The Monorail System
The monorail system has been in use for the most part of the 20th century though mostly relegated to theme parks, recreation centers and exposition centers to ferry tourists and guests. Examples of these include the Walt Disney World Monorail System that conveys 150,000 visitors in any given day. Another is the Seattle Center Monorail that serves as the main mode of transportation for the World’s Fair in 1962, serving more than 8 million passengers for the first six months of the fair and has been in use continuously up to the present day (Brief Monorail History, 2004).
Sadly, the monorail system never competed in popularity with the light rail transit and the subway because many felt that it could only be utilized for very light applications. In major cities for example, the subway beats all other mass transport systems, particularly those that move millions of commuter’s daily. The monorail system simply never got into the heads of transportation experts; although it is more applicable in terms of cost, safety and as the primary solution to traffic congestion.
In Europe, the monorail system is popular not just with recreation centers but also for mass transport. Although in the United States this had never taken root because of the development and popularity of the automobile as the main transport system for commuters. In pursuit of the “American Dream”, a family that can afford an impressive house plus two cars in the garage becomes a status symbol that everybody pines for where all that matters is the fulfillment of this elusive dream, the symbol of success and manhood.
But as progress evolved, environmental concerns are also on the rise since the mass use of automobiles contributes to as much as 20% of carbon dioxide emitted into the atmosphere (one of the major factor in the accumulation of greenhouse gasses that contributed to the depletion of the ozone layer and the global warming phenomena). This is complemented by the rising prices of fossil based fuels. Thus, cities in the United States are turning to the monorail system as the likely alternative to address these rising environmental issues (Greenhouse Gases, 2004).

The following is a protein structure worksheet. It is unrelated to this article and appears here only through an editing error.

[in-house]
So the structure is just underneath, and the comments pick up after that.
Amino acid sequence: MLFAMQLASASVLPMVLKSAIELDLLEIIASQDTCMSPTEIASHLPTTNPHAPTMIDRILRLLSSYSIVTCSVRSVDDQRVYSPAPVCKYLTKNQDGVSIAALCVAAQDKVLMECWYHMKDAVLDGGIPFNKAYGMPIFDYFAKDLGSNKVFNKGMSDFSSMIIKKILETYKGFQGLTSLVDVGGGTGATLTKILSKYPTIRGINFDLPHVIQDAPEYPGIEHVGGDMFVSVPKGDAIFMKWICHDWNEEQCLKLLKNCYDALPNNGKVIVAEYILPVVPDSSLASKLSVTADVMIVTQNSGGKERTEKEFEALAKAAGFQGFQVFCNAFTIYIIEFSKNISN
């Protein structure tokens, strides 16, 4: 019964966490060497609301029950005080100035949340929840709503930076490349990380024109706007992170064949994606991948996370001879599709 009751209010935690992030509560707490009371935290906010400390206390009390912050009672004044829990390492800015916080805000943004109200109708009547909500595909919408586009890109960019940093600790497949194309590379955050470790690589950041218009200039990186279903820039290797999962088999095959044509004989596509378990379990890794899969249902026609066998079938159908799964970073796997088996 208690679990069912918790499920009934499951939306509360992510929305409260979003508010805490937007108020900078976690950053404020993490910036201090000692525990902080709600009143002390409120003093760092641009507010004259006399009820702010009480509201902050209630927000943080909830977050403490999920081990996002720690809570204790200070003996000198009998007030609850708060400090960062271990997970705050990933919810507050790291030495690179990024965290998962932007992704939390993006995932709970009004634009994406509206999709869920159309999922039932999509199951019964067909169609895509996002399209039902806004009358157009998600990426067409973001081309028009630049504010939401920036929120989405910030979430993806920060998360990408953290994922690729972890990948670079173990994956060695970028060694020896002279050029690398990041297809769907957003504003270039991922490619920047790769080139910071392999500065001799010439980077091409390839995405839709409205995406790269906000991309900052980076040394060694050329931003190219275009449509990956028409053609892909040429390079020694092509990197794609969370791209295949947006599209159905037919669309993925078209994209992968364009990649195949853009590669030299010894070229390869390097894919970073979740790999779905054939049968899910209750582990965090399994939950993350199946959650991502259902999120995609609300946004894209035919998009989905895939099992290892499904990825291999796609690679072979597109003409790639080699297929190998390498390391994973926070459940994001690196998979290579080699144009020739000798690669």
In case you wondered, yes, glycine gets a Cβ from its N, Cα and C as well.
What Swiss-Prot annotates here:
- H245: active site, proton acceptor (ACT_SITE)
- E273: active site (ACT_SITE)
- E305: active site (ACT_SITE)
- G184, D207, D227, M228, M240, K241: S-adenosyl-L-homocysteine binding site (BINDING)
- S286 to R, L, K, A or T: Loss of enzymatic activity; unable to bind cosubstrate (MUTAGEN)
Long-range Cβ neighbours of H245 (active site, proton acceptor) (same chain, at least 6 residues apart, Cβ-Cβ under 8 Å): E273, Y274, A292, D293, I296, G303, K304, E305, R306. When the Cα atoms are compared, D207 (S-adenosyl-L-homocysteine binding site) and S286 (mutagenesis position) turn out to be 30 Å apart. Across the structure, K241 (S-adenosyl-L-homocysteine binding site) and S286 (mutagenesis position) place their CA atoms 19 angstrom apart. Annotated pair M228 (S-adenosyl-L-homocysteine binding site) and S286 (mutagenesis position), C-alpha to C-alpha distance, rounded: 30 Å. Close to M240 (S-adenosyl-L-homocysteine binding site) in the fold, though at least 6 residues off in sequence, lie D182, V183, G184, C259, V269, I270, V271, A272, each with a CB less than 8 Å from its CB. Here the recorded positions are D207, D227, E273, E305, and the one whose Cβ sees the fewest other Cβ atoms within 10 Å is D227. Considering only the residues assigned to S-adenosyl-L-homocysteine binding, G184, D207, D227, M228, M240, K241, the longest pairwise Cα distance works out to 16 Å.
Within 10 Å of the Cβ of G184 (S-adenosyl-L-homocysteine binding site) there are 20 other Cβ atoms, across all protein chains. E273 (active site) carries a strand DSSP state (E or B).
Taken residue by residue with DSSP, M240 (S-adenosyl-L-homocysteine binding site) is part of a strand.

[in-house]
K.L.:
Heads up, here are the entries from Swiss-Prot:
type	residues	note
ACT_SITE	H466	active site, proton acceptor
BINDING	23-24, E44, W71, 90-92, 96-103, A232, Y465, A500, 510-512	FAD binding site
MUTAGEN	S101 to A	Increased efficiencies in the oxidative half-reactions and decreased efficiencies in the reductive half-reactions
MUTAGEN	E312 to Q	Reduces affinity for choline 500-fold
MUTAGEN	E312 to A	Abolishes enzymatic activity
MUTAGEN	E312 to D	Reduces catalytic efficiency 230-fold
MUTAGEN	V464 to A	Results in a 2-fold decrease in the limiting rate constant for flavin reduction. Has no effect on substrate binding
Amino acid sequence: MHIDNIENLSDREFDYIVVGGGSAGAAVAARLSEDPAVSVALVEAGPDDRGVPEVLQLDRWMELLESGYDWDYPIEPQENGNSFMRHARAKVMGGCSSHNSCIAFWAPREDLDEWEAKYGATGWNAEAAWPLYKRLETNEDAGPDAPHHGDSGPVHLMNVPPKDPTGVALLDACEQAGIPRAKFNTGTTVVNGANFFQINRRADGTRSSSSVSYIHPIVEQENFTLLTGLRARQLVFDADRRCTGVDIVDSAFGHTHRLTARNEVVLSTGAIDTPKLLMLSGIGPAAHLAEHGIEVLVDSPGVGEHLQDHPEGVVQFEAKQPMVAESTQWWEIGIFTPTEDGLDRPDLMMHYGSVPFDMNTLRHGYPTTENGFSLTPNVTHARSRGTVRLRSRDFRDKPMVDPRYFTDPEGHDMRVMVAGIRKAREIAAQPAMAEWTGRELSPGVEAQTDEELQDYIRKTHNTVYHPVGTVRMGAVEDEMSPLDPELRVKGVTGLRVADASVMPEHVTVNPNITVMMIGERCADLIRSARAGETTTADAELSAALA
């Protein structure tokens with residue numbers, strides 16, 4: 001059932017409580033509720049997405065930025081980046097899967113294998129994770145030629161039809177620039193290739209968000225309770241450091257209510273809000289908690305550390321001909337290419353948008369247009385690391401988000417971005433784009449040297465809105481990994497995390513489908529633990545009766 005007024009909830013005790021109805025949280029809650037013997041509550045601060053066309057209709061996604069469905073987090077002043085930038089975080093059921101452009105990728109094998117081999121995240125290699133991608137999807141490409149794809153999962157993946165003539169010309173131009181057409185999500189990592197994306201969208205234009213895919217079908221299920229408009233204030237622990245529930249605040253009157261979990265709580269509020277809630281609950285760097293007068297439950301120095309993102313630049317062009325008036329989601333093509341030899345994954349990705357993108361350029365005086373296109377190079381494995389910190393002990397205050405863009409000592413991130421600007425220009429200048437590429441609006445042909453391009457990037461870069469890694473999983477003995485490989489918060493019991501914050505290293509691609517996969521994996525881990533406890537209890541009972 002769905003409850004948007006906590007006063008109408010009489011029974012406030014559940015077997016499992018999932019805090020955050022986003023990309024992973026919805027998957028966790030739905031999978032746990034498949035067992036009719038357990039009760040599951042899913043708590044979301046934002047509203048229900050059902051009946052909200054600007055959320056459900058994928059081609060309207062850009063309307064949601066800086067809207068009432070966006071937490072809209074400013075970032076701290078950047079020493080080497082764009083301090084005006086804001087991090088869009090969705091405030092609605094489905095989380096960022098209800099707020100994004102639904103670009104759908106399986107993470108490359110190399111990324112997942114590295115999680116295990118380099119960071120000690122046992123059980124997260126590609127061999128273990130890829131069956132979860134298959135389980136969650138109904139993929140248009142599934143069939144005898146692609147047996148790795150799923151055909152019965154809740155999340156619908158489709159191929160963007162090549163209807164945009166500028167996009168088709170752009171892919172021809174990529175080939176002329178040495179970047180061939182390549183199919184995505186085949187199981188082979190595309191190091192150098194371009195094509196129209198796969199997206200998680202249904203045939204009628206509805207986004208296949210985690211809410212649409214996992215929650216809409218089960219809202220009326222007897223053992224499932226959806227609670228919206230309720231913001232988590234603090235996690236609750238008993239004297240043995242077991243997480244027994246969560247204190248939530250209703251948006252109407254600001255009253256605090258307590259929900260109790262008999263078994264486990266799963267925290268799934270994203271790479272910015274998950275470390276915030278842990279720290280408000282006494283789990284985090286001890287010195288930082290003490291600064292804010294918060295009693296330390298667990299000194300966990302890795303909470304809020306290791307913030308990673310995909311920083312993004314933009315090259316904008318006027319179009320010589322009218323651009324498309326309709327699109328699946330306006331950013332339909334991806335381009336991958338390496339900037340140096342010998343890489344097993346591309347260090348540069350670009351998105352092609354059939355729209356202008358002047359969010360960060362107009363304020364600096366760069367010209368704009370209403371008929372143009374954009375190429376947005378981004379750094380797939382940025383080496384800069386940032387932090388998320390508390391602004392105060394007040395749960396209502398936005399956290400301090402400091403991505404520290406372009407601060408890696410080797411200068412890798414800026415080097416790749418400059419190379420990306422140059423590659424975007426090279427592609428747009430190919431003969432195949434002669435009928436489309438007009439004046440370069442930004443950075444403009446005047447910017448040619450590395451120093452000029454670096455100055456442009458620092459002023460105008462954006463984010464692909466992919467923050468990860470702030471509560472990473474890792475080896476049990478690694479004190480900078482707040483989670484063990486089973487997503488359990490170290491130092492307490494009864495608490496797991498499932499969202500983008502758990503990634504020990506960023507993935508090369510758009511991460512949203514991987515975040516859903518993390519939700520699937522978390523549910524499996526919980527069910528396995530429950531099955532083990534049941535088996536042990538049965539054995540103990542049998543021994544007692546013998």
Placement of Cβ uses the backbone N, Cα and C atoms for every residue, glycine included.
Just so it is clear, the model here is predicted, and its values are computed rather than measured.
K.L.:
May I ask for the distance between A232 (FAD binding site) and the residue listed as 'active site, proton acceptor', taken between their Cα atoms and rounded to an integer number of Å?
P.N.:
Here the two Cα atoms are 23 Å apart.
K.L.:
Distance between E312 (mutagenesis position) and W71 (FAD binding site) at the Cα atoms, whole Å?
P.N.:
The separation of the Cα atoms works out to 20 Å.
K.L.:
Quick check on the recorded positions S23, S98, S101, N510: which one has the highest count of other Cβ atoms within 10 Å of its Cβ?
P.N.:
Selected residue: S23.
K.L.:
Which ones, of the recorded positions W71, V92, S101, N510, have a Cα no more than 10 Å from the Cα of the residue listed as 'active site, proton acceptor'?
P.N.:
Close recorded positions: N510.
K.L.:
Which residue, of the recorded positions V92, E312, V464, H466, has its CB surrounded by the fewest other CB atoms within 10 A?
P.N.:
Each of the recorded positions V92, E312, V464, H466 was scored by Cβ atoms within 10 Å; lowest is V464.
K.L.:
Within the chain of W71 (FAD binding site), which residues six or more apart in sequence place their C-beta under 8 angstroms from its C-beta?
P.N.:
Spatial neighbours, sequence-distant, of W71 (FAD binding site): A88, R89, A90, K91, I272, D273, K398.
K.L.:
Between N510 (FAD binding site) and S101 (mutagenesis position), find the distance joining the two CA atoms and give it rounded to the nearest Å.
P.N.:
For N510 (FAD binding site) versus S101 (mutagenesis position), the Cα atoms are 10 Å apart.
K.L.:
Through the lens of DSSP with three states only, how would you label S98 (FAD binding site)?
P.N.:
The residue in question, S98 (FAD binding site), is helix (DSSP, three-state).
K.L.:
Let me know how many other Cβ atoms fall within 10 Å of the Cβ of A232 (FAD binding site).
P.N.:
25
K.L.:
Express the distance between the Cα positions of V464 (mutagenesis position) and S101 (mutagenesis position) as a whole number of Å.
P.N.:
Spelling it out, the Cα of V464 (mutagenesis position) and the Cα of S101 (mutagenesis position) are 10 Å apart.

Why the monorail system? Simply because a monorail transit system runs on electricity and operates silently, therefore addressing the problems associated with carbon dioxide emission and sound pollution. Besides, a monorail transit is cheaper when compared to a conventional railway system and since it is installed above existing roadway networks, the same will not contribute to traffic congestion. The light rail transit is devised to run parallel to the roadway system which makes it prone to accidents as it comes in contact with other transport vehicles (About Light Rail, 2007).
There are two types of monorail systems now in use around the world – the straddled type or beam riding and the other one is the suspended system. During the early part of the 20th century, the suspended system was in use though only with very limited applications. The beam-straddled types on the other hand are preferred by designers because of its design flexibility, safety and economy. Most beam riding monorails run on rubber wheels over the concrete rails. However, a new design innovation surfaced that is quite popular with designers – the Maglev system or magnetic levitation. The design provides commuters with a more comfortable, safer ride and a superb braking system because the monorail train glides and floats instead of just sporting wheels that run over concrete rails (Monorail Infopage, 2006).
The word monorail is actually a misconception, particularly on the beam-straddled type because the monorail train actually runs on two rails with a parallel third rail that carries electrical power and supplies electricity to the electric motors. Practically, not much difference can be observed from its technical design which is almost similar to the light rail transit, only that the monorail sports a narrower base. Likewise, the physical architecture of monorails differ because it looks like it hugs or straddles the single concrete beam and rails, while the light rail transit and subway seems to float above the rails (Monorail Infopage, 2006).